Assessing Deepwater Horizon Oil Spill Impacts on Families and Children

The researchers hope to better understand the Deepwater Horizon oil spill’s long-term impact on the health and wellbeing of families – especially children – living in highly impacted regions. (Photo provided by Jaishree Beedasy with permission)

(Click to enlarge) The researchers hope to better understand the Deepwater Horizon oil spill’s long-term impact on the health and wellbeing of families – especially children – living in highly impacted regions. (Photo provided by Jaishree Beedasy with permission)

Immediately following the Deepwater Horizon oil spill, the National Center for Disaster Preparedness surveyed households in highly-affected Louisiana areas to track the event’s health and social impacts.

Follow up studies in 2014 revealed that physical and mental distress resulting from the spill still persisted, with over 15% of respondents reporting no perceived recovery of their household or community.

The Gulf of Mexico Research Initiative recently awarded Dr. Tim Slack a grant to continue impact assessments of the oil spill on families and their children. The study will combine surveys, focus groups, and social media analyses to create a longitudinal dataset with time points in 2014, 2016, and 2018. This data will help document social consequences, such as risk behaviors and educational and economic opportunities, and physical and mental effects of disaster-related trauma on families affected by the spill. The study will also examine how these impacts are related to various dimensions of disaster vulnerability (a person or community’s risk of negative disaster impacts) and resilience (the ability to adapt and recover).

The team will conduct face-to-face surveys with household members to gather quantitative information about children’s direct and indirect oil spill exposure; lasting physical, mental, and social health impacts; the household’s economic constraints and access to healthcare; and the community’s perceived recovery or deterioration.

The team will access and analyze social media data using a geospatial query tool tailored to certain locations and filtered using parameters such as keywords, user, date, and time. This information will be used to chart trends and timelines of social media communication related to resiliency topics. These data will help researchers determine if social media fits into existing patterns of resiliency or if it represents a unique form of post-spill resilience.

Principle Investigator Tim Slack (top left) and co-PIs Jaishree Beedasy (top right), Matthew Lee (bottom left), and Thomas Chandler (bottom right) will collect data from spill-affected households to identify which services and support will be most helpful to their recovery. (Photos provided by Tim Slack)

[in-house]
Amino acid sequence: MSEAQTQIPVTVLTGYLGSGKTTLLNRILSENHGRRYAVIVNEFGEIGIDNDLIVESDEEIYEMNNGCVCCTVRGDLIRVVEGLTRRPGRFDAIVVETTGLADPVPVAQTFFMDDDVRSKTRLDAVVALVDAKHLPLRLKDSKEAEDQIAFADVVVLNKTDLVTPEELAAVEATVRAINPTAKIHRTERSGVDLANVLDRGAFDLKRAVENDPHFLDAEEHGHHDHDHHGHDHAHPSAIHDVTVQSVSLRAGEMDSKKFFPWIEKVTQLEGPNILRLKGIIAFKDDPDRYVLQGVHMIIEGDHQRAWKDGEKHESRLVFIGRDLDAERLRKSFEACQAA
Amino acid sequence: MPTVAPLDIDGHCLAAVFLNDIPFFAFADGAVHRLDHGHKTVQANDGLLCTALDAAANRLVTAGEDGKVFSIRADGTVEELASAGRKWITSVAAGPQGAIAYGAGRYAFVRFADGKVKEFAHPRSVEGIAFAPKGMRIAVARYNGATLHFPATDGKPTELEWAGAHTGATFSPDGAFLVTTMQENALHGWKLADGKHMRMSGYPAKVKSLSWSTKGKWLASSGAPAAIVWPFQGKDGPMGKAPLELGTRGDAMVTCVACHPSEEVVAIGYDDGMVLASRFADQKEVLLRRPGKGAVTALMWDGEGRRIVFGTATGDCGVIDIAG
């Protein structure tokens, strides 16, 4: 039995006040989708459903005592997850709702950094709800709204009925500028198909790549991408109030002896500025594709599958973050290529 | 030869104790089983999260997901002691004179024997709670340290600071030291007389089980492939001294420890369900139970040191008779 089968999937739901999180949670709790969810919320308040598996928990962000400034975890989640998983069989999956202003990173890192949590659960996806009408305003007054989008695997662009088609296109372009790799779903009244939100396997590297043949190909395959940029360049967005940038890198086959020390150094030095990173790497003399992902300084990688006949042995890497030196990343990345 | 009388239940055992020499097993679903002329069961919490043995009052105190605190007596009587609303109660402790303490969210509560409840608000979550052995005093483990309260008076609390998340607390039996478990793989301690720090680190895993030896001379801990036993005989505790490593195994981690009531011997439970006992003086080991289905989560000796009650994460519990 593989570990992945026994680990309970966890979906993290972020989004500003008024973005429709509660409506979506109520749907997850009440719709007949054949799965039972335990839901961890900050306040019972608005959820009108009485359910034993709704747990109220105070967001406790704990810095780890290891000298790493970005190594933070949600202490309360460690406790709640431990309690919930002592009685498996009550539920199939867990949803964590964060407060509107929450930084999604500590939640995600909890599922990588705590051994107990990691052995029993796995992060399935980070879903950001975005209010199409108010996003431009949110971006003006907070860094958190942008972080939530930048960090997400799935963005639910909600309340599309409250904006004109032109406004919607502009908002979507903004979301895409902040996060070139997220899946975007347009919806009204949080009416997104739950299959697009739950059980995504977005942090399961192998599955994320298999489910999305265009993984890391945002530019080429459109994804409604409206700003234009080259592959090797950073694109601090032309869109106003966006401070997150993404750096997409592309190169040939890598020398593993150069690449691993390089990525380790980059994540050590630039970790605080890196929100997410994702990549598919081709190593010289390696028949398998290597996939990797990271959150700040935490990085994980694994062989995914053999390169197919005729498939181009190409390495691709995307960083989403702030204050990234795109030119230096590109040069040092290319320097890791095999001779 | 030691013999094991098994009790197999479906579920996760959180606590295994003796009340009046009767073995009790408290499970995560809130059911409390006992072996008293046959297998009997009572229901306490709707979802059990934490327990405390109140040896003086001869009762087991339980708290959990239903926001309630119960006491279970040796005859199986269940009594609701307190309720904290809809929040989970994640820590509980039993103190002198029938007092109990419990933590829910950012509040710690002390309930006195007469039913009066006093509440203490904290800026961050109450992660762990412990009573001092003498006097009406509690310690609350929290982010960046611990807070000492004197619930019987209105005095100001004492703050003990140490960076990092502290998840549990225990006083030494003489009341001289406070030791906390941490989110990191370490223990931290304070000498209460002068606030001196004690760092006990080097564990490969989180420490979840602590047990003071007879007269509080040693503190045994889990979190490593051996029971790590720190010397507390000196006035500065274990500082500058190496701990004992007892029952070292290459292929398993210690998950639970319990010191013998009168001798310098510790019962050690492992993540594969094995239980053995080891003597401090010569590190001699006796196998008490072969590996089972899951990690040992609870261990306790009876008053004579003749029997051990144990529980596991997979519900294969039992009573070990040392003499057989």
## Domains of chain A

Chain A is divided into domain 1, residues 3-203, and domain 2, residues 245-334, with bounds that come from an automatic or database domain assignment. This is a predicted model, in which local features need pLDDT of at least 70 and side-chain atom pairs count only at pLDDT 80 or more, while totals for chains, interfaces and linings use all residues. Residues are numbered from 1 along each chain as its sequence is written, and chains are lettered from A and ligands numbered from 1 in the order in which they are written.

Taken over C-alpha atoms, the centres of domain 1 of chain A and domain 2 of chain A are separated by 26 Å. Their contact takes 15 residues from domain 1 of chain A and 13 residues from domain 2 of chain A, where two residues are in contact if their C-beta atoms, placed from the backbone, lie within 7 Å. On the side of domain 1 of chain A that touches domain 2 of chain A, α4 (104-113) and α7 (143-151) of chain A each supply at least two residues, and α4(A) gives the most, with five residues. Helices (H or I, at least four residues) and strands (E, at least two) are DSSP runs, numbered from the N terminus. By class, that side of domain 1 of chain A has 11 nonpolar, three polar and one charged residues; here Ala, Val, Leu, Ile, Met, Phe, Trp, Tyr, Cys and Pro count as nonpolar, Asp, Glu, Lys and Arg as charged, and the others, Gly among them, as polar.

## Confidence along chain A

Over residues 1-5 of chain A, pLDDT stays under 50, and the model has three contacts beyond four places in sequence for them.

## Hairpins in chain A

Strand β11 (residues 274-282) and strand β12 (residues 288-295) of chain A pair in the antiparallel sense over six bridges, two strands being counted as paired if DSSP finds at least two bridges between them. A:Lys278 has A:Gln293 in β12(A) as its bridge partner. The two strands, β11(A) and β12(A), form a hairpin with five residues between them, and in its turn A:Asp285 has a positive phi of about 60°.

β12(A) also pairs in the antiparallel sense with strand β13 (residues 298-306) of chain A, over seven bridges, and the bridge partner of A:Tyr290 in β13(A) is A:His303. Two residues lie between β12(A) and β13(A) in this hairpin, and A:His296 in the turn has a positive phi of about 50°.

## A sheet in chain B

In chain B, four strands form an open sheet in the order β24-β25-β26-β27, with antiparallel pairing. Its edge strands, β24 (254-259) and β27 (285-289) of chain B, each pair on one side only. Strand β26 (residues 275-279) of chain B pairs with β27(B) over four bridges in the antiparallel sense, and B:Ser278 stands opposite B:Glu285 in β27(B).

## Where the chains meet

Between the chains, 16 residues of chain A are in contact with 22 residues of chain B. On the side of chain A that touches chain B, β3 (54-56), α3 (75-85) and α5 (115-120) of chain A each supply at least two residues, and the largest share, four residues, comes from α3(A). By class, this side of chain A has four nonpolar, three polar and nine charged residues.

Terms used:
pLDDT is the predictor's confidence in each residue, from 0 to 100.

(Click to enlarge) Principle Investigator Tim Slack (top left) and co-PIs Jaishree Beedasy (top right), Matthew Lee (bottom left), and Thomas Chandler (bottom right) will collect data from spill-affected households to identify which services and support will be most helpful to their recovery. (Photos provided by Tim Slack)

The researchers will assemble six focus groups each with ten individuals based on parameters such as socio-demographics, reliance on social media, and vulnerability. Facilitators will encourage participants to share their personal experiences related to the oil spill, their specific roles and responsibilities during the spill and the following years, and how they used social media to deal with it. They will also consider how online communication with policymakers, first responders, and public health organizations about vulnerable communities’ needs has changed over time. Researchers will use this information to develop a deeper qualitative understanding of the participants’ oil spill experience.

“The quantitative survey technique and qualitative focus group technique are derived from different theoretical approaches,” said co-Principal Investigator Jaishree Beedasy. “However, the particular strengths and limitations of these methods complement one another in a unified research design.”

The team will combine the survey data, social media analysis, and focus group information to identify services and support that may be most beneficial to affected Gulf households and communities. Data will be available to other scientists, policy makers, and the public, and the researchers are planning to engage communities and community leaders in conversations about the findings. Slack explained, “Our ultimate goal is that the information generated from this project will be made actionable in terms of helping facilitate disaster resilience and mitigate vulnerability.”

The project’s researchers are Tim Slack and Matthew R. Lee at the Louisiana State University Department of Sociology and Jaishree Beedasy and Thomas Chandler at the Columbia University National Center for Disaster Preparedness. Their project is Understanding Resilience Attributes for Children, Youth, and Communities in the Wake of the Deepwater Horizon Oil Spill (RCYC).

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The Gulf of Mexico Research Initiative (GoMRI) is a 10-year independent research program established to study the effect, and the potential associated impact, of hydrocarbon releases on the environment and public health, as well as to develop improved spill mitigation, oil detection, characterization and remediation technologies. An independent and academic 20-member Research Board makes the funding and research direction decisions to ensure the intellectual quality, effectiveness and academic independence of the GoMRI research. All research data, findings and publications will be made publicly available. The program was established through a $500 million financial commitment from BP. For more information, visit http://gulfresearchinitiative.org/.

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